Whitehall,  what once sat on a hundred acres, now sits on one.   That it exists at all is a miracle.  Divine intervention, perhaps, since its owner was a famous clergyman.  Dean George Berkeley was a minister, teacher, philosopher, one of the leading thinkers of his time, who counted among his friends Alexander Pope and  Jonathan Swift.  He was considered one of the big three 18th century philosophers with Locke and Hume.  His philosophical work Treatise Concerning the Principles of Human Knowledge made him famous at home and abroad, he entered Newport in 1729 a celebrity.   He was attracted to Newport for its forward thinking and religious freedom.  Here he planned to establish a plantation, a home base, from which he could furnish crops and supplies for the college he planned to establish in Bermuda where the sons of the colonists would be trained to become clergymen.   The promised funds never materialized, and he would soon return to London, then to his native Ireland where he was appointed Bishop of Cloyne.

His influence in just three short years here, from 1729 to 1731, was grand.  Before he left he donated most of the thousand books he brought with him to Yale, the rest to Harvard.  The divinity school at Yale was named after him.  University of California Berkeley was also named after him, inspired by a line from one of his writings – “Westward the course of empire takes its way…”  He influenced King’s College (Columbia) and Brown University.  He helped found Newport’s Redwood Library and the Literary and Philosophical Society.  He donated his house and land to Yale, the proceeds were to fund scholarships for students studying Greek and Latin.  Now a scholar in residence spends a few weeks a year in the apartment upstairs – amidst the books and spirit of the great mind that once inhabited it – how glorious!

I could live like this

Rough Point

Have you visited Rough Point?  The home of Doris Duke, heiress to a fortune and colonial Newport’s most famous benefactor, sits at the end of that millionaire’s mile, Bellevue Avenue, overlooking the majesty of the Atlantic.  Rock cliffs, glistening waters, blue skies and gentle breezes are the backdrop for Frederick Law Olmstead’s landscape and the manorial home built for a Vanderbuilt.  Doris’ father purchased the home in 1922, renovated it, and died shortly after, leaving his estate and millions to his 12 year old daughter.  Since her mother, wealthy in her own right, would probably remarry, Doris’ father made sure his daughter was personally provided for, for life. Was she ever.  Despite having never attended college, she proved quite capable of managing her affairs, properties and fortune.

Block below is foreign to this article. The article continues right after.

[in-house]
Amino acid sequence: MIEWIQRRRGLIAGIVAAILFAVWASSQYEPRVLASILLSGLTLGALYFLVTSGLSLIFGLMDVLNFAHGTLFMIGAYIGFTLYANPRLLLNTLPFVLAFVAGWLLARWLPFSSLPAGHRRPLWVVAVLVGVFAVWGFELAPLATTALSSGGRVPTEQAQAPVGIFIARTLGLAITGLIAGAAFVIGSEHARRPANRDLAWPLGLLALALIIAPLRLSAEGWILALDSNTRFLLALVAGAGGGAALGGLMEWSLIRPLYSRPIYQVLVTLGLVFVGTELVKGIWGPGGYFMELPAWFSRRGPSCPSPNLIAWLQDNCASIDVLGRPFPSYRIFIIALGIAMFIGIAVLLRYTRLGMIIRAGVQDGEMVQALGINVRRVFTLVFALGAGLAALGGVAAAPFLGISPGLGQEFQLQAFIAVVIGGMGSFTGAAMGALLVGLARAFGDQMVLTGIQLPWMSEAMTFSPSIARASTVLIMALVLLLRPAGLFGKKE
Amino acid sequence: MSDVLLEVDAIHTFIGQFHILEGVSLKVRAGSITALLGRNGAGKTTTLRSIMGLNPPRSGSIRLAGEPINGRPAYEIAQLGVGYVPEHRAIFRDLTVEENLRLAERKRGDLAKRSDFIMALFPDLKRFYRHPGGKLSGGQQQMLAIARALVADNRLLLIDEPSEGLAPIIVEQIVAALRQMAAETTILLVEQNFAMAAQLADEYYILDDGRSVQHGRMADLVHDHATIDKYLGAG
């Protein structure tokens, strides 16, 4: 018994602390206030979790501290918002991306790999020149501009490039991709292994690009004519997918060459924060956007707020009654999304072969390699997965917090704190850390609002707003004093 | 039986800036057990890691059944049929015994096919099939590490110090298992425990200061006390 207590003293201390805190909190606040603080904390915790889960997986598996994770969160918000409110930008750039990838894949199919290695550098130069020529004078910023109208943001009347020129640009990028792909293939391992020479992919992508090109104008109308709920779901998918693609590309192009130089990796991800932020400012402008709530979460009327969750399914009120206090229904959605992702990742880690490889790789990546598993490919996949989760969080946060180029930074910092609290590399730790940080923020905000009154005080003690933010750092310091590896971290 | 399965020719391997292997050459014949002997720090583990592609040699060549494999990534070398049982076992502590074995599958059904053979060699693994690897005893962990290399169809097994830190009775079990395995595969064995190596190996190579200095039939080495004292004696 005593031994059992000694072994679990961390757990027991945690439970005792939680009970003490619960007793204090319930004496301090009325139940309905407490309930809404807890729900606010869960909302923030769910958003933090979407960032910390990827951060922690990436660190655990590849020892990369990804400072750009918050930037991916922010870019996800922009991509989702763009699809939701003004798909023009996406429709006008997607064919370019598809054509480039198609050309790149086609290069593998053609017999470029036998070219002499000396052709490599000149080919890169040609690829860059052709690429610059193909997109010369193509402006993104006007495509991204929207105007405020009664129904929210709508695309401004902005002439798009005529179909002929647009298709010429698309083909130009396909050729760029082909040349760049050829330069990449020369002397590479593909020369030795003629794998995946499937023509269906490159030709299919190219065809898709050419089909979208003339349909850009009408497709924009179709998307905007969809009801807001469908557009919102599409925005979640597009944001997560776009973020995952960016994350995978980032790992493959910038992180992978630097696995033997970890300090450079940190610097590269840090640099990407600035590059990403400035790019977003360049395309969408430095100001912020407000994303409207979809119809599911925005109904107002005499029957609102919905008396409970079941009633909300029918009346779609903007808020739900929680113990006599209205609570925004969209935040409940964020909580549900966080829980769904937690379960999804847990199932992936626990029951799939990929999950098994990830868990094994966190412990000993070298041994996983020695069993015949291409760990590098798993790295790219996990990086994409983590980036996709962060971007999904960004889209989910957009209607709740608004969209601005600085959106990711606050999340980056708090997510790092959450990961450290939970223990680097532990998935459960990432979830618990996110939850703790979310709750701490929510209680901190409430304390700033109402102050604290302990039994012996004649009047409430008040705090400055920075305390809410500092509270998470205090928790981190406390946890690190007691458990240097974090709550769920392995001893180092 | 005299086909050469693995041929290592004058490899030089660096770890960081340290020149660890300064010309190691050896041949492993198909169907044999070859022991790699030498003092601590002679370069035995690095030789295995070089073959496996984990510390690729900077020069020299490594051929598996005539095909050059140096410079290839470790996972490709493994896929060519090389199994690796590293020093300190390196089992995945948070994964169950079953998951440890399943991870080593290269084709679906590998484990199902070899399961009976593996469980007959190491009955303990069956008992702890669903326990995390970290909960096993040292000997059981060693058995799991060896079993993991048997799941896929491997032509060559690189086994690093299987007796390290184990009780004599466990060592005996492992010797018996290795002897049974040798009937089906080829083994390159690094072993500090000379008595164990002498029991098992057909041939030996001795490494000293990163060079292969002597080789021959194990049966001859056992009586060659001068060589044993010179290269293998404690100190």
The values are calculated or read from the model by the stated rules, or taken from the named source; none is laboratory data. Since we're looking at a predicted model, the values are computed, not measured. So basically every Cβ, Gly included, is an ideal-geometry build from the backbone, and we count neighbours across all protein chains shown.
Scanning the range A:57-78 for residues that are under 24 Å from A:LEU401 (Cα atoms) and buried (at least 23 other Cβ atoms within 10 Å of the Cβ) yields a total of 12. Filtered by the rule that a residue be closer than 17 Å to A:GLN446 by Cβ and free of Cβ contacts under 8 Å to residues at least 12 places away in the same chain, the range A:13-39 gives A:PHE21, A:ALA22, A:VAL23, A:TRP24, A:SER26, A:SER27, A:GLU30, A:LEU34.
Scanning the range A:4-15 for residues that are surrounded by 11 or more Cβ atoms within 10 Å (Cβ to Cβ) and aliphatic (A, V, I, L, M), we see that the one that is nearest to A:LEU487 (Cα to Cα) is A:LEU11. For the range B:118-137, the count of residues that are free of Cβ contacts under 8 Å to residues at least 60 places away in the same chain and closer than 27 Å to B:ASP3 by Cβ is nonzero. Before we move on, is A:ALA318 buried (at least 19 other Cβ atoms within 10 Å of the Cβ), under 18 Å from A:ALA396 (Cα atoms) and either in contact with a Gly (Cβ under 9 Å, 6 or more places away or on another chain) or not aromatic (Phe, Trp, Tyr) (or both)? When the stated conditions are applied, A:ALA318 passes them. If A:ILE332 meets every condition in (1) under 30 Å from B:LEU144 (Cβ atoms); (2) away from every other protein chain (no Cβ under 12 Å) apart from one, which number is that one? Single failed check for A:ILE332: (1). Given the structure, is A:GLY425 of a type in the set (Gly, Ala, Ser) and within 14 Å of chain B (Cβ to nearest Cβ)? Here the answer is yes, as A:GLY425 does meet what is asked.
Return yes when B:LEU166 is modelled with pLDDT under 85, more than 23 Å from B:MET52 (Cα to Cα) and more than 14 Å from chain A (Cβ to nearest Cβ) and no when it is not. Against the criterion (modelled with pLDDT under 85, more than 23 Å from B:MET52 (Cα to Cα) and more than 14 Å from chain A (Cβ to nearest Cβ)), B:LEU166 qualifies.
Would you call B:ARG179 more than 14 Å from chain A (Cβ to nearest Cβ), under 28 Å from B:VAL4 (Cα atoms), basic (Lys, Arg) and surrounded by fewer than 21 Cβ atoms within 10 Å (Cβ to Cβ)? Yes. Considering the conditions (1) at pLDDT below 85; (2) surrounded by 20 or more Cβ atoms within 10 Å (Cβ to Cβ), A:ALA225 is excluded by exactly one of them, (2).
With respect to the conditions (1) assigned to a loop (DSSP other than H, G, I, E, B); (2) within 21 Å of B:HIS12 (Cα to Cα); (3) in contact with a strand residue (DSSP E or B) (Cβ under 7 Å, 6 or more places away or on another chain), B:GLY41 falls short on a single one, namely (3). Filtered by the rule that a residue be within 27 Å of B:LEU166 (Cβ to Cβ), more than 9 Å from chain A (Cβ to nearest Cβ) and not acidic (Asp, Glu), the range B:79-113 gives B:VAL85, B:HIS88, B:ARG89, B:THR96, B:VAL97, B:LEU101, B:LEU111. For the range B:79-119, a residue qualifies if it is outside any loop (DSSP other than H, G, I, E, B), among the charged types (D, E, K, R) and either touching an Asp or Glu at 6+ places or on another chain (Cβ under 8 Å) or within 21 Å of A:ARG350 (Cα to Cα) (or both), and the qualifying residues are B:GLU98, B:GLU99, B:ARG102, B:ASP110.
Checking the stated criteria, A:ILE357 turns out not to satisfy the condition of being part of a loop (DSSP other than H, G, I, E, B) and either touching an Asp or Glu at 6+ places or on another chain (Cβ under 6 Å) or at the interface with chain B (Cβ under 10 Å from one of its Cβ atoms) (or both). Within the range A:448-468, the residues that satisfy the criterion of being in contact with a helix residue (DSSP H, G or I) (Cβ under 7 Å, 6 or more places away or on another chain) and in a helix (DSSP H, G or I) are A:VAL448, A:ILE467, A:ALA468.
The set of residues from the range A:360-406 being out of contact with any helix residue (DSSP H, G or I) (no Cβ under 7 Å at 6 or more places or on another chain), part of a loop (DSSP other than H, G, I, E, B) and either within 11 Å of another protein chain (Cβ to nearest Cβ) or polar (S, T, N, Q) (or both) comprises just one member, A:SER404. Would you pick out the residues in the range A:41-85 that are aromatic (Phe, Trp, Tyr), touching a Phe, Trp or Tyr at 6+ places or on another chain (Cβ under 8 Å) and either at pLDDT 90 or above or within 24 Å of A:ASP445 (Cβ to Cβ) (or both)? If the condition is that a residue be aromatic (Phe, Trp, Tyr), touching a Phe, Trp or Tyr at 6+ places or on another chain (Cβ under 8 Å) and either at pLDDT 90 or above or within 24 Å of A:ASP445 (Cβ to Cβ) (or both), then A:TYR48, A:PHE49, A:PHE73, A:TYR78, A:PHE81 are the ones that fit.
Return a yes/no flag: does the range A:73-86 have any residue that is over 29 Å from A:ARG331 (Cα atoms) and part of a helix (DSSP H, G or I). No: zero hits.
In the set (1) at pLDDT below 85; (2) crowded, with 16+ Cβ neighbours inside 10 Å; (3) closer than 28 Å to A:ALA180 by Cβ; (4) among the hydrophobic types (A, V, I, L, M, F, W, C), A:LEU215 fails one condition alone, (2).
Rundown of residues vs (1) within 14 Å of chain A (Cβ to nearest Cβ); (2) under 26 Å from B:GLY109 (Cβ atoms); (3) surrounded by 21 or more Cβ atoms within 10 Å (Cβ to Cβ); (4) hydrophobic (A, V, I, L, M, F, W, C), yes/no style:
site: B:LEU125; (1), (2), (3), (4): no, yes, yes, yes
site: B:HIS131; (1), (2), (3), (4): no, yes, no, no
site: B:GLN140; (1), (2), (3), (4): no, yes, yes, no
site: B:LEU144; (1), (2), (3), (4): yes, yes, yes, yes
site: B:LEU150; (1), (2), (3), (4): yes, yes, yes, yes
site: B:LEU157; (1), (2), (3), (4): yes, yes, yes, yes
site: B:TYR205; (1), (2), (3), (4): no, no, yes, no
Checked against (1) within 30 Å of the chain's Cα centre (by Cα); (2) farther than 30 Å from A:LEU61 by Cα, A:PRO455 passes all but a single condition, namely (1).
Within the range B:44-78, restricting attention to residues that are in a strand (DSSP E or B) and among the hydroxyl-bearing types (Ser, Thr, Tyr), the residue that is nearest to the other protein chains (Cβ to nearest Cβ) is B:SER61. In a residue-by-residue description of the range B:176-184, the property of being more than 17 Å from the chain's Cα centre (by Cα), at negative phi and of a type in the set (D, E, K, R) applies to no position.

Her life story is the stuff of movies – from a failed first marriage to a failed but glamorous second –   she was a world traveler, collector, philanthropist.  Her summer home, Rough Point, was donated to the Newport Restoration Foundation in 1999, an organization she founded, and is open for tours in summer.  The tour is a walk through her story and history.  Her collections of art and antiques are placed artfully, and comfortably, throughout the home, the perfect background as the guide weaves you through the many rooms and stories of her life. From the drawing room to the solarium where Doris entertained locals like Jackie Kennedy, and enjoyed the company of her pets,  from a dozen rescued dogs to a few camels (yes camels!), every room in the house is both a surprise and a delight.

At first arrival, as you drive into the driveway to the parking area, you are greeted by two topiary camels.  They represent the real ones that once roamed the grounds, gifts from a Saudi billionaire.  As we parked, a couple was returning to their car next to us, both insisting adamantly that this was the best of all the mansions they’d visited.  We were excited to hear that.  While waiting for the tour to begin, we roamed the grounds.  Breathtaking.  The only negative for these mansion-owners is the Cliff Walk.  While great for the rest of us to be able to walk the entire point and share their grand views, it has always been an intrusion for the residents.  Somehow, they manage.

While other mansions can feel palatial and ostentatious, this one, despite its size, feels homey.  Perhaps because Ms. Duke actually used it regularly, up until her death in 1993.

Meanwhile, nearby Newport was crumbling.  The neighborhood around the working wharves had become a place that the well heeled would avoid.  Dickensian streets with crooked buildings and broken brick chimneys, stood in contrast to the  Gilded Age palaces.  Settled by Baptists, Portuguese Jews and Quakers – now there’s an exciting and unique history to explore – Newport was the first capitol of Rhode Island.  Its history is fascinating, from whaling port to pirates, marble mansions to Jack and Jackie, from decline to restoration, from colonial to palatial, this city’s diverse history can be read at every corner.   One could spend years discovering it – and it would be worth it.  And it is all thanks to Doris Duke’s vision to restore that city, house by crumbling house.  You can find all the info on Newport’s restoration at the Newport Restoration Foundation’s site, and in their book – Extraordinary Vision: Doris Duke and the Newport Restoration Foundation.

Put Rough Point on your list of places to visit next spring, and Hunter House, and have chowder at the Black Pearl on Bannister’s wharf, enjoy a harbor cruise in the afternoon, and dinner at the White Horse Tavern.   And if there’s room,  the Viking Hotel – it’ll be one terrific weekend!

Hunter House, Newport RI